View Full Version : Dates in your web copy

Dan Furman
03-09-2009, 11:57 AM
Just a spinoff from the "updating your copy" thread. Here's another thing that sometimes bugs me about websites:

Old dates in web copy.

What I mean is, if you have a section on your homepage for "company news" and the first news item is six months old... that's not a good thing. In fact, I feel it's a subconscious negative in a reader's mind - you're basically saying "we start stuff, but we don't keep it up". You're probably better off not having that section at all.

Same thing with a blog. I think blogs should be updated fairly frequently - at least have a post in the current month. If I go to a blog and the last post is three months old, I get a tiny negative feeling regarding that. Now, for certain blogs that I really like, I might not care as much. I think the amount of leeway you get is (in general terms) affected by who you are and what you are selling on the site - a "star" selling nothing doesn't have to update all the time.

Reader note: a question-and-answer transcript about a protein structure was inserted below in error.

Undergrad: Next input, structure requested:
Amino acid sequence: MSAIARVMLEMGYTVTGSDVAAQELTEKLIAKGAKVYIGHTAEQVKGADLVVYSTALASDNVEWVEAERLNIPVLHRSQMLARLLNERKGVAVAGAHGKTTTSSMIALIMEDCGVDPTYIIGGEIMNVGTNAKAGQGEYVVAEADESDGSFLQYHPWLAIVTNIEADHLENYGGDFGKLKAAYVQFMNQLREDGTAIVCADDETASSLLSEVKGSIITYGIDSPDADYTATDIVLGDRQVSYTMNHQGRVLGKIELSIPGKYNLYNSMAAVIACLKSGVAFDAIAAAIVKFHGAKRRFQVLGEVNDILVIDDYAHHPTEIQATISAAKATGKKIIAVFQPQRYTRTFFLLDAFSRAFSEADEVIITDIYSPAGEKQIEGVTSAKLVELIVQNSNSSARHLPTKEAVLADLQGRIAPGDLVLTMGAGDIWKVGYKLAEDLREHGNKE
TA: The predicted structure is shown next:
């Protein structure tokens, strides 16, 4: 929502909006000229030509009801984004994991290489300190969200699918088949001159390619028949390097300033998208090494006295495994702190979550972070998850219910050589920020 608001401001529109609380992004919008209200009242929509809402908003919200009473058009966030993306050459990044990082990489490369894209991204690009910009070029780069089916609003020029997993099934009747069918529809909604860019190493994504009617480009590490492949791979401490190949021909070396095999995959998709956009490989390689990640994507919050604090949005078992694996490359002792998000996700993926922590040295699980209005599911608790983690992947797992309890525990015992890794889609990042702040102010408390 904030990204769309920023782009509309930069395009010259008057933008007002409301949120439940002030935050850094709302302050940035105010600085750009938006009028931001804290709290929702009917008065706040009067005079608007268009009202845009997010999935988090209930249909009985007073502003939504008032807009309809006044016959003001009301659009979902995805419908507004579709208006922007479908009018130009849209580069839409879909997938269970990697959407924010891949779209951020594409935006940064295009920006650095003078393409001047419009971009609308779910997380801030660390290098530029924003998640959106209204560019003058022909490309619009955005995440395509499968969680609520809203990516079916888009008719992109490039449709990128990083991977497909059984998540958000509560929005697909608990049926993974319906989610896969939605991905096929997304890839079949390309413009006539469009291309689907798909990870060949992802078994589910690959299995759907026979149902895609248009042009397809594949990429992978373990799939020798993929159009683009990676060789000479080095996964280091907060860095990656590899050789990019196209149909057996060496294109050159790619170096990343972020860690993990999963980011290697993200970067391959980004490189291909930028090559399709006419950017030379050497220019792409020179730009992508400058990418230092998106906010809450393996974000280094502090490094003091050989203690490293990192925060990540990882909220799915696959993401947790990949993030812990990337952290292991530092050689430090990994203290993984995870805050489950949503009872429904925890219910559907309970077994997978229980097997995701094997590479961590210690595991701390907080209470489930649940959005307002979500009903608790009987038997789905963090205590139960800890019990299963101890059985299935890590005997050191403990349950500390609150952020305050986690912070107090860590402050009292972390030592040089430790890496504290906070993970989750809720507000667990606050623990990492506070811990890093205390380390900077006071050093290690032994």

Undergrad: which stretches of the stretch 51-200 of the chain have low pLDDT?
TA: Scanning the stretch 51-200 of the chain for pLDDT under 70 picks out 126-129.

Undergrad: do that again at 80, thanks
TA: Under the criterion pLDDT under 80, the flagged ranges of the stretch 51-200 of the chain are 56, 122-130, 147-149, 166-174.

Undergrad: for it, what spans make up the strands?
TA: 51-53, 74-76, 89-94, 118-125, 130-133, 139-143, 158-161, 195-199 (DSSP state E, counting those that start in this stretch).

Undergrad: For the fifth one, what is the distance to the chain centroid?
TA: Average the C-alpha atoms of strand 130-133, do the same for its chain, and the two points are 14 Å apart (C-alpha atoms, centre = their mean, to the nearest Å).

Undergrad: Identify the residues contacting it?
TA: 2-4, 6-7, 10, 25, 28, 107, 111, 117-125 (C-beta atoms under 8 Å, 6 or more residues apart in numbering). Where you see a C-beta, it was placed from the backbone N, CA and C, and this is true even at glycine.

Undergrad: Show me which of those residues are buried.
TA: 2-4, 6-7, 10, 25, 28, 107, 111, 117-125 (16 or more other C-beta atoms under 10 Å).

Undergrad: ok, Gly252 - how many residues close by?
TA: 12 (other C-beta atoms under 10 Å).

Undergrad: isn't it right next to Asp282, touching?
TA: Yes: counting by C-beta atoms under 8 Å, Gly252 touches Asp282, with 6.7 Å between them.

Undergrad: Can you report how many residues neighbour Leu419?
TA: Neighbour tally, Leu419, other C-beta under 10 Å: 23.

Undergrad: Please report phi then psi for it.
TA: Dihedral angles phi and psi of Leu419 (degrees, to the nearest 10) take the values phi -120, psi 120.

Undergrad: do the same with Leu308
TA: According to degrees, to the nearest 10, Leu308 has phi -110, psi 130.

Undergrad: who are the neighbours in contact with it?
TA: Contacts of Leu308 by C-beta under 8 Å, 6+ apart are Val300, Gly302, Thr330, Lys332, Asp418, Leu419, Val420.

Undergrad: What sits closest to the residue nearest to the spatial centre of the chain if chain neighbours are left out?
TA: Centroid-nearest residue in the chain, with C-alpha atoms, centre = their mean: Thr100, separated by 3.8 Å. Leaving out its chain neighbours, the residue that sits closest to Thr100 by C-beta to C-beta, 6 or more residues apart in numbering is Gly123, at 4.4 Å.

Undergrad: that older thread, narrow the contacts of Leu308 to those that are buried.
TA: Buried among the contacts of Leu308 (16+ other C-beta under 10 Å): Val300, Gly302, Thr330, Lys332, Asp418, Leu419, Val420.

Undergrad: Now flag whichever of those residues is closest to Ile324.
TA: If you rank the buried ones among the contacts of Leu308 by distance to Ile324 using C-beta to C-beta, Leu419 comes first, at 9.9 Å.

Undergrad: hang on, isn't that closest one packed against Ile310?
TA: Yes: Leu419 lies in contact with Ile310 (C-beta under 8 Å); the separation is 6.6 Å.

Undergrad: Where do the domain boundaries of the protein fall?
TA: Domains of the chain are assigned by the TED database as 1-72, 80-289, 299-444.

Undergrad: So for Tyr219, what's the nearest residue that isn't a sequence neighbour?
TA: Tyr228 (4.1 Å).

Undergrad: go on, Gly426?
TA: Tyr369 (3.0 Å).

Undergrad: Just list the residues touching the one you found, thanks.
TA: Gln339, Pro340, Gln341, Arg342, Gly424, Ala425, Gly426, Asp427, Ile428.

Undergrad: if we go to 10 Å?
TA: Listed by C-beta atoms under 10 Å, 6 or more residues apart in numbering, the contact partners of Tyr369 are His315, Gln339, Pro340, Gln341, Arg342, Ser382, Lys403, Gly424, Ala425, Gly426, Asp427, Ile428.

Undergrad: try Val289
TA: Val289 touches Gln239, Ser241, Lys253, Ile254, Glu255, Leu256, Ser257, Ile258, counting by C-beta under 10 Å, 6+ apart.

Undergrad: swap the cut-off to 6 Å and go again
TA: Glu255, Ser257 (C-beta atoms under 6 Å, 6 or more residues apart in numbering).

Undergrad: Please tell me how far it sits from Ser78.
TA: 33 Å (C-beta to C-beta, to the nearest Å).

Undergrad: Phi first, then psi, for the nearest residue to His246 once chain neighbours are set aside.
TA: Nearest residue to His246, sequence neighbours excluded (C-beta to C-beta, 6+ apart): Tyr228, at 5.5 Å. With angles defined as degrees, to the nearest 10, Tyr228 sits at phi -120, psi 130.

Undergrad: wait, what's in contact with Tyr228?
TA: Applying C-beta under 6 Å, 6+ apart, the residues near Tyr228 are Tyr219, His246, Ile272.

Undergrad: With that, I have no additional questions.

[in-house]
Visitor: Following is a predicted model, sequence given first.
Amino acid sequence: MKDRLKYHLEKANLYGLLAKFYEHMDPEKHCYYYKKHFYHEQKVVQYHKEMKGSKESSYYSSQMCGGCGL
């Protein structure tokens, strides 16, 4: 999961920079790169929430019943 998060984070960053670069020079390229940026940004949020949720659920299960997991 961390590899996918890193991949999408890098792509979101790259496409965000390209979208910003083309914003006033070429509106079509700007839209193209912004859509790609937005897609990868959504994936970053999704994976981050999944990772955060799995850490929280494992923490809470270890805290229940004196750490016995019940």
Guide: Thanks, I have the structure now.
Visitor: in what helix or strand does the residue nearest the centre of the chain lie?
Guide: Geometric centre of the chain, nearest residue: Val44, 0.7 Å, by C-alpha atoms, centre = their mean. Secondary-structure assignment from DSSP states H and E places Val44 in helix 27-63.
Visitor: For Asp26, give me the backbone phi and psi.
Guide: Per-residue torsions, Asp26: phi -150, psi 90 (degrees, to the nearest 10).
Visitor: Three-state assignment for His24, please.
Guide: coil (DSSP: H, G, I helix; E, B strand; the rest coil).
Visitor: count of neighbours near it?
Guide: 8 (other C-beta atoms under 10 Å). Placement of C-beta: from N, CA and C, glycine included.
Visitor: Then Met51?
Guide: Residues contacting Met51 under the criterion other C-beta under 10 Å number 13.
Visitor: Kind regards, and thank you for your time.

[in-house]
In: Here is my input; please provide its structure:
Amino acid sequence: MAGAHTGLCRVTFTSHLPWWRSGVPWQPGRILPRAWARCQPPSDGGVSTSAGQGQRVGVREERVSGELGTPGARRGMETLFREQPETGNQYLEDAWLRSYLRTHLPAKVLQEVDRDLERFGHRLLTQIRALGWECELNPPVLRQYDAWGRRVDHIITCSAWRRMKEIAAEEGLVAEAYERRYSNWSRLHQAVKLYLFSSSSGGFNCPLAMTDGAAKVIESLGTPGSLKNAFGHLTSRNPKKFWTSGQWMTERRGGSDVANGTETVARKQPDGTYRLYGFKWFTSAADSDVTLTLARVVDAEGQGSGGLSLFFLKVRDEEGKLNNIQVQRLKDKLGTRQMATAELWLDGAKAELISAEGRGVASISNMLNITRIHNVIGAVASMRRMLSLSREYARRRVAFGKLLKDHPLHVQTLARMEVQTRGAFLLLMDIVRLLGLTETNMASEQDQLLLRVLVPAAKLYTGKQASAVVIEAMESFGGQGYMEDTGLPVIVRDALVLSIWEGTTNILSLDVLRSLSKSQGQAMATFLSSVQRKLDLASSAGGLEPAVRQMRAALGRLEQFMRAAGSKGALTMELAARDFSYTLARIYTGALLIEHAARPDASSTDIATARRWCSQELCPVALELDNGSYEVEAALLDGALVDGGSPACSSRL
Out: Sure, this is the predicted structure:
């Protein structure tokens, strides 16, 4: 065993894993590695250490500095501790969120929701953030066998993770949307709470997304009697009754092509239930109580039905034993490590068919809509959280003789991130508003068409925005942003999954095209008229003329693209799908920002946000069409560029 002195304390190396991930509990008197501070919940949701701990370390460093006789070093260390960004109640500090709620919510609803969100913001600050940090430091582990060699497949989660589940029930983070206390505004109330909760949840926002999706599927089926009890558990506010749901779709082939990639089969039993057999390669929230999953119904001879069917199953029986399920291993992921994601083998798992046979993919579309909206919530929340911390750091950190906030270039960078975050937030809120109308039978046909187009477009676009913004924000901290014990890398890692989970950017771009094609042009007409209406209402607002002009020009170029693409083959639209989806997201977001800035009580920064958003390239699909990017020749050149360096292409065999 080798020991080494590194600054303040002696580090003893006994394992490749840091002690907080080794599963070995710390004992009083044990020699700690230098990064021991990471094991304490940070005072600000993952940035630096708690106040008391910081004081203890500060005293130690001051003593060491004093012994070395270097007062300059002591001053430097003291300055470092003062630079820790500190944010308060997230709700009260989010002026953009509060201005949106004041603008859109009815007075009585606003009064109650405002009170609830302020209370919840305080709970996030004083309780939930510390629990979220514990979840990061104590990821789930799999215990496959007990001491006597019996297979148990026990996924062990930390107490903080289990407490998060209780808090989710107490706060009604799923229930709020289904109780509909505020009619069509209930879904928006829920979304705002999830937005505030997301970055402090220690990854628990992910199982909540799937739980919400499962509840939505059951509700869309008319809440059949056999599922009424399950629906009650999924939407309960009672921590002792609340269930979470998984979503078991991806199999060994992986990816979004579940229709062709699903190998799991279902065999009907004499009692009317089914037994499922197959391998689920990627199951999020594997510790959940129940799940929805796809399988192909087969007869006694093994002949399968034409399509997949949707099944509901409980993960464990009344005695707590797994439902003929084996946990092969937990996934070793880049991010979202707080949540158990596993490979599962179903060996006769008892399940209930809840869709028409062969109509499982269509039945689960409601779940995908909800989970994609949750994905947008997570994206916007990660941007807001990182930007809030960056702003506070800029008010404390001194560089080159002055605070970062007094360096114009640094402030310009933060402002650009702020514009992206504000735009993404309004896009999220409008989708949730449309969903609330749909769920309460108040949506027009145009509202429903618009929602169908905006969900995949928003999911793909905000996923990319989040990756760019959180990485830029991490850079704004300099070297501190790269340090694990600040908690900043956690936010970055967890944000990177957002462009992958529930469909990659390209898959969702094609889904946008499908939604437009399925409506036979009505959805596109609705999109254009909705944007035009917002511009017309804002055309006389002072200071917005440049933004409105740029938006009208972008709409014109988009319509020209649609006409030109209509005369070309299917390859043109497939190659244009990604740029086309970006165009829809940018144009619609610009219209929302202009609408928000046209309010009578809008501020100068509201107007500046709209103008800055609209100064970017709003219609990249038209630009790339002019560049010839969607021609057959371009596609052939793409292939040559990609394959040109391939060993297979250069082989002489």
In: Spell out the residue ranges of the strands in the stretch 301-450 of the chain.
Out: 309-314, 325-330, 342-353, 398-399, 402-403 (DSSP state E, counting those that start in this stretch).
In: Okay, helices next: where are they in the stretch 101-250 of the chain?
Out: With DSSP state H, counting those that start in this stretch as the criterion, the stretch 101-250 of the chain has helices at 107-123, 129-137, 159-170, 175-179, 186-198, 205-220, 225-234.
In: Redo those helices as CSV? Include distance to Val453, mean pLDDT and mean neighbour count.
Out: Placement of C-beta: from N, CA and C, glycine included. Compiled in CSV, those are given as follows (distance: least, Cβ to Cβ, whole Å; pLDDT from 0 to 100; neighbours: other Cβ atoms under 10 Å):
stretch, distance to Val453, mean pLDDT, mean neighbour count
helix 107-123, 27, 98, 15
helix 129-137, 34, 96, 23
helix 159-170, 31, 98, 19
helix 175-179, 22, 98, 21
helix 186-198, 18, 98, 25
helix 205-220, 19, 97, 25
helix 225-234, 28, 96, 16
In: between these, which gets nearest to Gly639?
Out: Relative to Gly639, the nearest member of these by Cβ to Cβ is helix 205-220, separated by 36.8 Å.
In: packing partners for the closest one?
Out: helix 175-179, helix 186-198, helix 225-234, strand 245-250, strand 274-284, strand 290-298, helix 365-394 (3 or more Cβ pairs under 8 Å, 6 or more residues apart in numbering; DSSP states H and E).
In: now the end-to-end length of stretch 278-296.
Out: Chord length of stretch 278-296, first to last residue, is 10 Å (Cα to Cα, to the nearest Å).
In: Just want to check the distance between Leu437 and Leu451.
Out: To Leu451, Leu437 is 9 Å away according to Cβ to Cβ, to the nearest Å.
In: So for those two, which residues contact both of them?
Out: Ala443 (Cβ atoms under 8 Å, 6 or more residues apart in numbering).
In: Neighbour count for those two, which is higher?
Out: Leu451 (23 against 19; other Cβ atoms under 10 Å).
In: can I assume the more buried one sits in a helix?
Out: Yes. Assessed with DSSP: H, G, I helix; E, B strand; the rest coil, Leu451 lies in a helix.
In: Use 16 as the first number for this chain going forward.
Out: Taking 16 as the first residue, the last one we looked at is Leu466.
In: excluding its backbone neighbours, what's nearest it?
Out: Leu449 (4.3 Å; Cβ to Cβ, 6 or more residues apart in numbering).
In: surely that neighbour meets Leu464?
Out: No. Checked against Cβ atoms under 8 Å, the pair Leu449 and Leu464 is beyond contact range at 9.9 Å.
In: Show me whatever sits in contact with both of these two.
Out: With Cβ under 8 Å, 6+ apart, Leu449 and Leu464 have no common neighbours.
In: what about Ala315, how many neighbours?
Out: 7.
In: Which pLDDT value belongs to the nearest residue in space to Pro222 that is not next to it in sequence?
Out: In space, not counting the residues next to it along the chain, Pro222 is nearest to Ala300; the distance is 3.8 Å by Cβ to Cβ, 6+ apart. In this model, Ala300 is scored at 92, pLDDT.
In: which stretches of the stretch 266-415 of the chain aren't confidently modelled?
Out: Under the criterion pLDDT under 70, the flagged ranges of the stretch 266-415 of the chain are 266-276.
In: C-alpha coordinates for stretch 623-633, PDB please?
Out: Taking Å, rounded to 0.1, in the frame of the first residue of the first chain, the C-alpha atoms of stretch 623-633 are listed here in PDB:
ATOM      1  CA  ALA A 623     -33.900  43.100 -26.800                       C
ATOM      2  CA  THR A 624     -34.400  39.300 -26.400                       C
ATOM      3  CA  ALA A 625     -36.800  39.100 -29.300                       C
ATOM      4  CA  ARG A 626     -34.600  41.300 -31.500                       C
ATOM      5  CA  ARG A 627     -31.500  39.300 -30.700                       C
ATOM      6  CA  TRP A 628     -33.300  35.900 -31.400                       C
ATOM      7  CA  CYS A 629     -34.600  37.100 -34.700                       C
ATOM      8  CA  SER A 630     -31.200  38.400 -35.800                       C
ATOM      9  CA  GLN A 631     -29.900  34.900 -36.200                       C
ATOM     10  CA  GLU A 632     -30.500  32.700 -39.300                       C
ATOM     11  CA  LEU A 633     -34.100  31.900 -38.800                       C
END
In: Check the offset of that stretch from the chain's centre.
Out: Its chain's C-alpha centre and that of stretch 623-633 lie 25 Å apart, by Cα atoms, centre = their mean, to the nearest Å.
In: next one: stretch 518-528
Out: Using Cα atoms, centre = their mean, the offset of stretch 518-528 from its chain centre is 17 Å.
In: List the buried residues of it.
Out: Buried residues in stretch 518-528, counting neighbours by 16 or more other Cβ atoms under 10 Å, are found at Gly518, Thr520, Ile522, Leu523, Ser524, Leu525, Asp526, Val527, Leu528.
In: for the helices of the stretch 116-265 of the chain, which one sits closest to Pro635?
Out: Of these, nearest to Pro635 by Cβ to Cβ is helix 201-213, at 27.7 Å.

But let's say I'm a new prospect coming to your commercial site for the first time. Old dates on just about anything will probably turn me off.

So if you have dates anywhere, make sure those pages / dates get updated frequently.

03-09-2009, 12:22 PM
That samething goes to forums. If you visit a forum and all the dates are months ago, you automatically exit.

It shows a lack of care for a site.

03-09-2009, 12:26 PM
Good point. If there is any specific date in your copy that copy should be removed or updated as soon as that date has past. I'm with you guys, if I see a site that has really old copy or a blog that isn't updated relatively regularly, it tells me the company isn't paying attention.

If they're not paying attention to handling their own business, what makes me think they'll pay any attention to handling mine?

03-09-2009, 12:53 PM